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May jobs report blows past forecasts as labor market heats up

U.S. economy adds 272,000 jobs in May
U.S. economy adds 272,000 jobs in May 03:01

The U.S. labor market continues to simmer as the economy added significantly more jobs than expected in May, furthering the view that the Federal Reserve will wait until at least September to cut interest rates.

Employment data also showed the jobless rate inching slightly higher to 4% from 3.9% in April, breaching a 27-month stretch of holding below that threshold. 

Nonfarm payrolls rose by 272,000 jobs last month, exceeding forecasts of 180,000. Downward revisions had 15,000 fewer jobs than previously reported in March and April combined. 

Stocks opened lower in the wake of the data, which had helped to allay Wall Street worries that the economy was headed down a dark path, but also pushing back the timing of an interest rate cut by the Fed.

In welcome news for workers but likely adding to hesitation by the central bank, the May report showed hourly wages rising a robust 14 cents, or 0.4%, to $34.91, up 4.1% over the past 12 months.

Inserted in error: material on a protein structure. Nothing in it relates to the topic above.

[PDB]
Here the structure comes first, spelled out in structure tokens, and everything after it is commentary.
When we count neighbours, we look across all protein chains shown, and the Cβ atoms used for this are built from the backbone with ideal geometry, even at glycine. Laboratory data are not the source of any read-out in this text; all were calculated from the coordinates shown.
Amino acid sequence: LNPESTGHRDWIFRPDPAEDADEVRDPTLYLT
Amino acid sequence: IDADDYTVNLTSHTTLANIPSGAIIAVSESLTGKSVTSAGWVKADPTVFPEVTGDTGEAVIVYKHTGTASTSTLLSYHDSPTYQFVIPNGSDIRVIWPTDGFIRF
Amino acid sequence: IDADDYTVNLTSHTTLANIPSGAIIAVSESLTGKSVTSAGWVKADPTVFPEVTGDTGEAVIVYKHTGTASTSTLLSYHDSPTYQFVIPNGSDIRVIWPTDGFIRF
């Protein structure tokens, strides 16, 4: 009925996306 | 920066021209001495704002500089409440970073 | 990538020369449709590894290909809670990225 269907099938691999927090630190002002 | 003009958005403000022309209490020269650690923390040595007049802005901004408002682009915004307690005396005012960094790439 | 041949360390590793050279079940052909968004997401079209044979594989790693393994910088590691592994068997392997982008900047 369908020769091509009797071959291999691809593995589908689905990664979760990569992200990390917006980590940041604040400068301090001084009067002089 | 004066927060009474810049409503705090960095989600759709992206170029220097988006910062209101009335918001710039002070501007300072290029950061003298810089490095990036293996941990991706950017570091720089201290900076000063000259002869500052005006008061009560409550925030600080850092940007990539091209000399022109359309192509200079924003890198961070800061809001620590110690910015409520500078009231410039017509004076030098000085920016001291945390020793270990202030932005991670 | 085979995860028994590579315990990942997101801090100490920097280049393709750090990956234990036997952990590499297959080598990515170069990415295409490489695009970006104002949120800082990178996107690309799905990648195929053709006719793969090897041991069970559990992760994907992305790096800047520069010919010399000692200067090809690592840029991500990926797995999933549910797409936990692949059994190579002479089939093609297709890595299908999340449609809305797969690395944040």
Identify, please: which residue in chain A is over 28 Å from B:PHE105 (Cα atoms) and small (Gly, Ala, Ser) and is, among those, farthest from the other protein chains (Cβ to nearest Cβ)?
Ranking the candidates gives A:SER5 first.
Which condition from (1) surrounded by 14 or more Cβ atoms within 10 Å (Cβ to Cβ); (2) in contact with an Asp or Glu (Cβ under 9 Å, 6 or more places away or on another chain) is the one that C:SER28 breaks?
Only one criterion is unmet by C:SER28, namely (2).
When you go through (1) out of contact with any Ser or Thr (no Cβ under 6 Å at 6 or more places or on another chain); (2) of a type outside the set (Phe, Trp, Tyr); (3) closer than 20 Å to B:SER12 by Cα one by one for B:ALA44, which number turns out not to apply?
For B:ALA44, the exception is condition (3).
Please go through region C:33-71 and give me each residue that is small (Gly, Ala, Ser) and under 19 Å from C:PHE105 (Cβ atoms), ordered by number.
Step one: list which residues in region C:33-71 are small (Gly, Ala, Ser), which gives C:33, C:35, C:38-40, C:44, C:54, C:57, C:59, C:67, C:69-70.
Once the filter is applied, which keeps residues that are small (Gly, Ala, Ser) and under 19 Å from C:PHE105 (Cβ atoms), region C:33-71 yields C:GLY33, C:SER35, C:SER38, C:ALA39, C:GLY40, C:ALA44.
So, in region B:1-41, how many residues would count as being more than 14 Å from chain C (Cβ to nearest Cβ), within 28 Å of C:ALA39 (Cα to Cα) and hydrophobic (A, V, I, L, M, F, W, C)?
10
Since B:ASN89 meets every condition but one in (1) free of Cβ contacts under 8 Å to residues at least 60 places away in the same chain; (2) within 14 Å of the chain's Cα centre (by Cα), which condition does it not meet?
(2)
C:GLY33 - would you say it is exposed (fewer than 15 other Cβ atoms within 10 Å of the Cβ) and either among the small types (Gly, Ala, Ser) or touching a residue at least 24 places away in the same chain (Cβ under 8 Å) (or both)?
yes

"Current wage gains are outpacing the recent rate of inflation, helping individuals and households to recover some of their lost buying power," Mark Hamrick, senior economic analyst at Bankrate, said in a note. 

Kathy Bostjancic, chief economist for Nationwide, noted that the strong job growth in May contrasts with other signals the economy is revving down. Still, she thinks the hiring spurt last month, coupled with the pickup in wages, could keep a rate cut on hold as the Fed waits for clear evidence that the economy is slowing enough to further tamp down inflation. 

Many think U.S. is in a recession despite strong economic data 04:05

"We had been anticipating the start of rate cuts in September, totaling 50 [basis points] of cuts this year, but the persevering strong employment gains raises the likelihood of later rate cuts," Bostjancic said in a report.

While exceeding forecasts, the latest jobs readout is not out of line with the narrative of an economy coming in for a "soft landing," rather than plunging toward a recession. A number above 300,000 would raise concerns about the jobs market overheating, according to Art Hogan, chief market strategist at B. Riley Wealth.

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